One of the hardest things to gauge in a child, I think, is their receptive language skills. It’s this reason that many parents wonder about their children’s language development before 2 years, and a large contributing factor to why so many deaf children are not diagnosed until after their first birthday if not later. If a child does not engage socially, has physical delays, even if they can’t see it’s usually pretty apparent quickly, but with hearing, there’s no telltale sign and no way to gauge whether a baby isn’t hearing or just isn’t reacting.
The flip side is that deaf babies do react to loud noises for other factors: vibration, air gusts, etc. In Danny’s case, he was more visual once he lost his hearing, so he would catch mouths moving in his peripheral vision and fooled everyone into thinking he was tracking voices.
To this day, I pull my hair out some days trying to gauge Danny’s receptive language. Obviously, at this point, you can tell he’s communication delayed – but what is he really getting? Being nearly 2, he’s prone to distraction and toddler selective hearing. Some days he throws me a bone and looks at me, giving a cheshire grin before blatantly ignoring what I said. Other days, he just doesn’t look at all, continuing about his business.
I figure a 50/50 ratio of listening means he understand it. That’s the best I can get.
Things I’ve seen him respond to, at times:
His name, absolutely – he’ll stop what he’s doing much of the time.
“Come here.” Yep, he does…sometimes.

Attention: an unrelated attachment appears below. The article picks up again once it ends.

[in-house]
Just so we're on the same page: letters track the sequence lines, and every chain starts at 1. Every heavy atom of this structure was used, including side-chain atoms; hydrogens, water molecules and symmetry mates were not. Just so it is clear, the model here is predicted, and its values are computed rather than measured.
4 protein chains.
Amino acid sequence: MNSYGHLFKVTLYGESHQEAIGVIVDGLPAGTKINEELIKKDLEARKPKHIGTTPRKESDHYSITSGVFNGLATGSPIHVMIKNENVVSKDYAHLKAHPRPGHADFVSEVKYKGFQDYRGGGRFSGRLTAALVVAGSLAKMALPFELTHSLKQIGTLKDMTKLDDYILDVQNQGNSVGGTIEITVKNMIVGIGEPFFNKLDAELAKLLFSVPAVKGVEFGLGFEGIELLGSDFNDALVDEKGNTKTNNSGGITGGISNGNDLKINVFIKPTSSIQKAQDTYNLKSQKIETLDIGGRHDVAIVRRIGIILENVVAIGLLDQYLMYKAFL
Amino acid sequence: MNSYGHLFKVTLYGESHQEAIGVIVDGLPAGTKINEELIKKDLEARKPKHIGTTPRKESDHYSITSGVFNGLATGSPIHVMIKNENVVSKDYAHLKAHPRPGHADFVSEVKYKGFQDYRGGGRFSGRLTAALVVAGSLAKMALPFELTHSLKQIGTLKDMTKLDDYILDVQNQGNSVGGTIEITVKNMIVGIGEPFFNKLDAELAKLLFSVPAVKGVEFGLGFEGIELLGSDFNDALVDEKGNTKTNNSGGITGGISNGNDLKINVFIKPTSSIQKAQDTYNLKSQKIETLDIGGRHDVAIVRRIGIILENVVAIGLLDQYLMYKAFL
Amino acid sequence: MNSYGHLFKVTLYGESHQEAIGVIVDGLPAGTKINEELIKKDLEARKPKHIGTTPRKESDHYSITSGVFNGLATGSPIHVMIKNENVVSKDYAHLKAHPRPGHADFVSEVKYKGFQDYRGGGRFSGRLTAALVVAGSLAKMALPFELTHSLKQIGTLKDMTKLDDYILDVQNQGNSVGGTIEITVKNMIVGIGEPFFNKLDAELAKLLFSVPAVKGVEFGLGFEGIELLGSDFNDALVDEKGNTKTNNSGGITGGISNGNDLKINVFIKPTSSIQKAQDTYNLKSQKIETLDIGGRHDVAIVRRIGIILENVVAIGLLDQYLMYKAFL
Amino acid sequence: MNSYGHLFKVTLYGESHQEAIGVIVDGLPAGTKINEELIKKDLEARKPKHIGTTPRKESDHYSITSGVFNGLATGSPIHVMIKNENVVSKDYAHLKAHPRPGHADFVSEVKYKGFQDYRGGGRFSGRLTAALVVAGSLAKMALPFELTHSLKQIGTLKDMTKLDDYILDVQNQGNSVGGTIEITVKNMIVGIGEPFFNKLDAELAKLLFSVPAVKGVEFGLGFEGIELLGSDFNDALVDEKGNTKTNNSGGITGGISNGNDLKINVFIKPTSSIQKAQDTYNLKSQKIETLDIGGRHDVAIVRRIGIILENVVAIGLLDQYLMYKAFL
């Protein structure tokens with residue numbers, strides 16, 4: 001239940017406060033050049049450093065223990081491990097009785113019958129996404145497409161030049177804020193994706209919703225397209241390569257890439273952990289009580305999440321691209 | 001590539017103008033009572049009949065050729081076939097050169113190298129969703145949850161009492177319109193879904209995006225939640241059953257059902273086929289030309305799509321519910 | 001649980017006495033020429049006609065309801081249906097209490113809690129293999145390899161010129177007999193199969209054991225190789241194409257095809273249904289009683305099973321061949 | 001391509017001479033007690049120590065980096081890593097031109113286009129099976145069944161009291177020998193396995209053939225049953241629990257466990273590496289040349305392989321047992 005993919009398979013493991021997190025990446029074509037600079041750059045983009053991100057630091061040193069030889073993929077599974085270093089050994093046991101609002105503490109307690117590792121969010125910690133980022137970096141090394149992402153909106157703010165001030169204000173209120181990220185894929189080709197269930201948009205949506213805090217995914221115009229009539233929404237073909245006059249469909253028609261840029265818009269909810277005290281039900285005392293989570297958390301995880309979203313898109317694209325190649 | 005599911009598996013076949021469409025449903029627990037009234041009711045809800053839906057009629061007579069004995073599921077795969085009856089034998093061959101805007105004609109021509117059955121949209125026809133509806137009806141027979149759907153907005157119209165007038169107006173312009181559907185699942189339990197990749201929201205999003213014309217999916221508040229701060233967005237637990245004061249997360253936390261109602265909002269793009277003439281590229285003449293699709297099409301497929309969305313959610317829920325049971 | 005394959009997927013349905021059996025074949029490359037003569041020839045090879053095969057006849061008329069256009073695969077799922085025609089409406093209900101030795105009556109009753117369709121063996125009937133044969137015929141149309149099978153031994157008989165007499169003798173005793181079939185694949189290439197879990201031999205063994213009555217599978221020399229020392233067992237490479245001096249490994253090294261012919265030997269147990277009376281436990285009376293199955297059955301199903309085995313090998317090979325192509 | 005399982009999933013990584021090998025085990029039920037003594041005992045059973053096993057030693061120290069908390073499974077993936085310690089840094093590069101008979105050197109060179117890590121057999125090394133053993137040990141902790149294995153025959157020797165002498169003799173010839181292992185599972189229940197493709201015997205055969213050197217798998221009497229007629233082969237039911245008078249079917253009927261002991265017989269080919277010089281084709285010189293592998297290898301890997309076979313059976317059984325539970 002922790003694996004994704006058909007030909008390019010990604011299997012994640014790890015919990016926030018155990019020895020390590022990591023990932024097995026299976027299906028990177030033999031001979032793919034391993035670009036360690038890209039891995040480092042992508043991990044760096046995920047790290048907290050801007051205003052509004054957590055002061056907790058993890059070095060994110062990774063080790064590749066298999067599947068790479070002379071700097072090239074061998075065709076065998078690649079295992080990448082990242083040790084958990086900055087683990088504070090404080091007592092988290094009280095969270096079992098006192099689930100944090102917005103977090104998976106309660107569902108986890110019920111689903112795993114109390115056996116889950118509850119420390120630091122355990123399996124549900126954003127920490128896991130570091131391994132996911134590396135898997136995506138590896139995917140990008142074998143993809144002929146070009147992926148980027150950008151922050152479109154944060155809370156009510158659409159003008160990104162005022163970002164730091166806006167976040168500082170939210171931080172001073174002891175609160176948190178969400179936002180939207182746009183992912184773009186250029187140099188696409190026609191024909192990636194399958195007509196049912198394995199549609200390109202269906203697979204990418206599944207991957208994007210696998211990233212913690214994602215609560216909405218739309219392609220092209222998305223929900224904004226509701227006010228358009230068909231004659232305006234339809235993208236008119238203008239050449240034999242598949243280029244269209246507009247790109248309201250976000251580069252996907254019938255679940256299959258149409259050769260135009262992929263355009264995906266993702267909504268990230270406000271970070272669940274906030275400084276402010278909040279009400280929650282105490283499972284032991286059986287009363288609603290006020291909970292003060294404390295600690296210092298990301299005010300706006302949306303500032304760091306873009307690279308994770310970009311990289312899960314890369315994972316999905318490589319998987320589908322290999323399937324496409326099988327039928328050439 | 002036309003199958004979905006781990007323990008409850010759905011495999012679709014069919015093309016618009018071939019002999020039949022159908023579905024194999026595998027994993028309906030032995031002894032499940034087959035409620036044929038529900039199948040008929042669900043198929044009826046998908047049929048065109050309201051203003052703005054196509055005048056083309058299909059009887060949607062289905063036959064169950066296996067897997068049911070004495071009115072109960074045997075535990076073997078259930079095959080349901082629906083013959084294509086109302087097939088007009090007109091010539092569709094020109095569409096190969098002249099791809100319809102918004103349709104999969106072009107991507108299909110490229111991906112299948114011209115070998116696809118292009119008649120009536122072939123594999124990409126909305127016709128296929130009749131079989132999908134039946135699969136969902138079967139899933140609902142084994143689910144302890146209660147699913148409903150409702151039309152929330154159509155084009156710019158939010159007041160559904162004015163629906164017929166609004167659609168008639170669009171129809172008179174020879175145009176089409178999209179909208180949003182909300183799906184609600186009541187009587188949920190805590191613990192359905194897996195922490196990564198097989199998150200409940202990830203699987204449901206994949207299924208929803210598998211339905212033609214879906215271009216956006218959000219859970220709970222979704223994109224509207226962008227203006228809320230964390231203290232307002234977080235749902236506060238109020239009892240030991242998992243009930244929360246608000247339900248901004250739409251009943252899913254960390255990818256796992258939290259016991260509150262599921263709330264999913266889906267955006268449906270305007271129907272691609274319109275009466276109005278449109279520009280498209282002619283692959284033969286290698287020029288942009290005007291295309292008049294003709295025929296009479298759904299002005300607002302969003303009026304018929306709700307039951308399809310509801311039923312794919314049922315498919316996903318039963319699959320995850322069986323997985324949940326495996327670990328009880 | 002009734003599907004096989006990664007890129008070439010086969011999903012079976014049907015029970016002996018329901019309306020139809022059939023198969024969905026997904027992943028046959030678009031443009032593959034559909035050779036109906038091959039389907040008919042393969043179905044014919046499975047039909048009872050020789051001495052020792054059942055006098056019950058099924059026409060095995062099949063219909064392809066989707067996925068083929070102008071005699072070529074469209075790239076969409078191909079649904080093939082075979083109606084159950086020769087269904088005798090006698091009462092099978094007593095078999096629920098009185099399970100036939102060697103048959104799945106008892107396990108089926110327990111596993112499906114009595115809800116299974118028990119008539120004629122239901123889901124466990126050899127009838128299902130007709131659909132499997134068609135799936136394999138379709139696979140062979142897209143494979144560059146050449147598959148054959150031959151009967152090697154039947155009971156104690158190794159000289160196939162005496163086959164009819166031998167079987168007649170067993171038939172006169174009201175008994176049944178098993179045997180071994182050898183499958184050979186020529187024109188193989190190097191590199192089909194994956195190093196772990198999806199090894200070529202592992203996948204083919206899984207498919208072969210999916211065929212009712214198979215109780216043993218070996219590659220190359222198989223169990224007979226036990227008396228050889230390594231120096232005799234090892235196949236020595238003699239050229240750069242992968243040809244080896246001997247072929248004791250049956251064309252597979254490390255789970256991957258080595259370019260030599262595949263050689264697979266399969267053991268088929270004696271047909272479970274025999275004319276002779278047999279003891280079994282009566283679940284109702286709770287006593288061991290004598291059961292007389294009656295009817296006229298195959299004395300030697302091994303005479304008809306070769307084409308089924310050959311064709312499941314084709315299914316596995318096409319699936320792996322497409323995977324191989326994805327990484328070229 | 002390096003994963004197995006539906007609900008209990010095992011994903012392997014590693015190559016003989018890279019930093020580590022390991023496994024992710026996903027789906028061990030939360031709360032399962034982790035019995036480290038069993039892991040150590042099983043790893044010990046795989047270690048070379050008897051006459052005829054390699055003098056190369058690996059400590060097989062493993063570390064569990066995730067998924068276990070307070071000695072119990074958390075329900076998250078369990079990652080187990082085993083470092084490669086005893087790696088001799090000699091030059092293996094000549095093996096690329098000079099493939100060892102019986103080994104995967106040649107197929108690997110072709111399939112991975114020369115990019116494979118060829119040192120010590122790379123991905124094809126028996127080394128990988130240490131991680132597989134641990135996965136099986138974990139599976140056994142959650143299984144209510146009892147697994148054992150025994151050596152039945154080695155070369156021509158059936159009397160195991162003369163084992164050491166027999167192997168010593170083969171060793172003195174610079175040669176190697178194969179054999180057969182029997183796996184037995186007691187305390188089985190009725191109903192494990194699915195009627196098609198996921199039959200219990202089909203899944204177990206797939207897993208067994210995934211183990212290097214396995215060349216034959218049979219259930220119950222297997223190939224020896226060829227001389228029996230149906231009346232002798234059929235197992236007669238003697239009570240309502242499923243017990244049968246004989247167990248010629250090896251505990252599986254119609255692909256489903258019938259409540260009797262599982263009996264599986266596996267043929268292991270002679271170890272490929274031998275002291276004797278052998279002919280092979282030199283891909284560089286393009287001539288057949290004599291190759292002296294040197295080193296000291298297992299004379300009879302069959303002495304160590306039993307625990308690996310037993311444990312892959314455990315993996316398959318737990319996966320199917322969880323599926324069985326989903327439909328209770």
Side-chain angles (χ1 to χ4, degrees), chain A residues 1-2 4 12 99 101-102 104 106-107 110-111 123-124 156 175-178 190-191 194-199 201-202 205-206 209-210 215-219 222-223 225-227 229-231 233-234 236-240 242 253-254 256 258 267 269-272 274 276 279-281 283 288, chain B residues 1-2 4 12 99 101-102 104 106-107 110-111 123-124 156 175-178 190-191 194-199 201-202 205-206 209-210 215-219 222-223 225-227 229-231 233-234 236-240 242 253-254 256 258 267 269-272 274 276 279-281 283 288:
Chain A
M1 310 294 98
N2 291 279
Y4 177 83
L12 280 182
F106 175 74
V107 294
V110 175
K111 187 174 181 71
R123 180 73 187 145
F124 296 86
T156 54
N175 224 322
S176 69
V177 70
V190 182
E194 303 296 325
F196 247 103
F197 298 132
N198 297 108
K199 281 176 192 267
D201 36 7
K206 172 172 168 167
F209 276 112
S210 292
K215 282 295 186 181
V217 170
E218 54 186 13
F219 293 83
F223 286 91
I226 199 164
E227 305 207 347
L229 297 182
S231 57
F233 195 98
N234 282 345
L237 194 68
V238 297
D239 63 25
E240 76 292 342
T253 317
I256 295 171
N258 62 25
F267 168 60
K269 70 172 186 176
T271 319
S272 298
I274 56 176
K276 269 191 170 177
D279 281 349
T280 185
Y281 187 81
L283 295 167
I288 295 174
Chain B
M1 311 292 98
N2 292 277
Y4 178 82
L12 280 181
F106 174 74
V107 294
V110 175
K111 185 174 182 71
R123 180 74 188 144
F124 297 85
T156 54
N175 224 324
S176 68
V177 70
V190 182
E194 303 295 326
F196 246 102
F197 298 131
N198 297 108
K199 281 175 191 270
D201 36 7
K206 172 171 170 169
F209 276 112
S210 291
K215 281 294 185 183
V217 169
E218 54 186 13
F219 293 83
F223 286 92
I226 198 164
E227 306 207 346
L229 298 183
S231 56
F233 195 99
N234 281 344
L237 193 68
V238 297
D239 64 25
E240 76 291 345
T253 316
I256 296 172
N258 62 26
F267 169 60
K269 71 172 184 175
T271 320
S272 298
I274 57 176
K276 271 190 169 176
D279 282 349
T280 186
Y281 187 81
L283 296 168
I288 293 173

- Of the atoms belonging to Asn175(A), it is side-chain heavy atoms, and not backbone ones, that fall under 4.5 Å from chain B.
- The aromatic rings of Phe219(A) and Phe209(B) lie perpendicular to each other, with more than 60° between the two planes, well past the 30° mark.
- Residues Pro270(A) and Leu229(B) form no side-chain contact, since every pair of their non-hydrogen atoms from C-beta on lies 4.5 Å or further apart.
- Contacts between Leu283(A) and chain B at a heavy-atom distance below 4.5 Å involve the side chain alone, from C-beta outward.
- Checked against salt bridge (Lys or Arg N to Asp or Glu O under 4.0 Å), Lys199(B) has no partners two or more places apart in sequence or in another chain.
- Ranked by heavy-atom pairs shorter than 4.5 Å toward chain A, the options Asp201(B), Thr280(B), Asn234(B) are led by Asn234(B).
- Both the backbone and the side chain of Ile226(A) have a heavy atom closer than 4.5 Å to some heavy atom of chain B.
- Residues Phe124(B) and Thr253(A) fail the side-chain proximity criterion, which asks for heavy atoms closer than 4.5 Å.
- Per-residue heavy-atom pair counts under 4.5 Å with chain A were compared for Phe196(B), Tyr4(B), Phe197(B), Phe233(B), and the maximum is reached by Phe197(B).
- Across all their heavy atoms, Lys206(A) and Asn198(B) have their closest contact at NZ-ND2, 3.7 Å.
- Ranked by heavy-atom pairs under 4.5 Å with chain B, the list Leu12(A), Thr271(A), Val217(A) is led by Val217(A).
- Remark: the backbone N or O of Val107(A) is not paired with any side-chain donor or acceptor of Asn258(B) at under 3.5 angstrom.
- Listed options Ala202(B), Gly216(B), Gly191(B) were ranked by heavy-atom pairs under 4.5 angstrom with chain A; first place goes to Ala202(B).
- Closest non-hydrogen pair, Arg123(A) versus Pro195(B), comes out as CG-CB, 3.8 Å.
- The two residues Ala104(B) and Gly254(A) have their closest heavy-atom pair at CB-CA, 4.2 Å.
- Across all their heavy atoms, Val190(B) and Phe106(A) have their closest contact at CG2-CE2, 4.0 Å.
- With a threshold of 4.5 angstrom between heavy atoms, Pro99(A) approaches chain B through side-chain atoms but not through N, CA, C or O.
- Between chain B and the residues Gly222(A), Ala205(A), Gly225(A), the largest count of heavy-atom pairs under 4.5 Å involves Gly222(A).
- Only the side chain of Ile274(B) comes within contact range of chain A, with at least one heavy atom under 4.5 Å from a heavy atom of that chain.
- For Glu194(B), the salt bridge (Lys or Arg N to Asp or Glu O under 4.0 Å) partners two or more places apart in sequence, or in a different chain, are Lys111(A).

“Want up?”/”Up?” He’ll come over and (sometimes) reach up
The sound of the microwave. He absolutely knows that means food’s coming.
Monkey. If you ask him to go get his monkey, he will. He loves that thing.
“Let’s go upstairs.” “Go downstairs!” Just this morning, I said this to him, and he stopped playing and went to the gate to go up the stairs.
“To the car!!” My call most mornings; sometimes he’ll head to the door to the garage.
Eat. (Ready to eat…time to eat…want to eat…) He definitely cues in, and sometimes goes to his chair.
I’ll admit, after reading so many other stories out there, I was hoping by his one year hearing birthday (a month away) we’d have a list of word approximations like this instead of a list of receptive language. That being said, though, this is still pretty amazing. He also loves to play with vowels – he’s only babbling a handful of consonants still (/m/, /g/, /y/), but he’s got a good number of vowels. Daddy will play monkey sounds (“ee ee aa aa”) or variants of it (“oo ee oo aa aa,” hahaha) and Danny likes to try to mimic along. He’s got 3.5 lings: ee, aa, and mm very strongly, and he has a sound between ee and oo that he uses for the oo sound. Depending on how cooperative he is in the morning, he’ll sometimes echo them back during a ling check, though he babbles them a lot more than that.
I’ve heard somewhere that kids have something like 50 receptive words before they say their first. At that rate…we may be waiting a while longer. But it’ll come, he’s making progress. I just wish it wasn’t so hard to gauge; he could possibly understand a lot more and we just haven’t found a way to recognize it yet.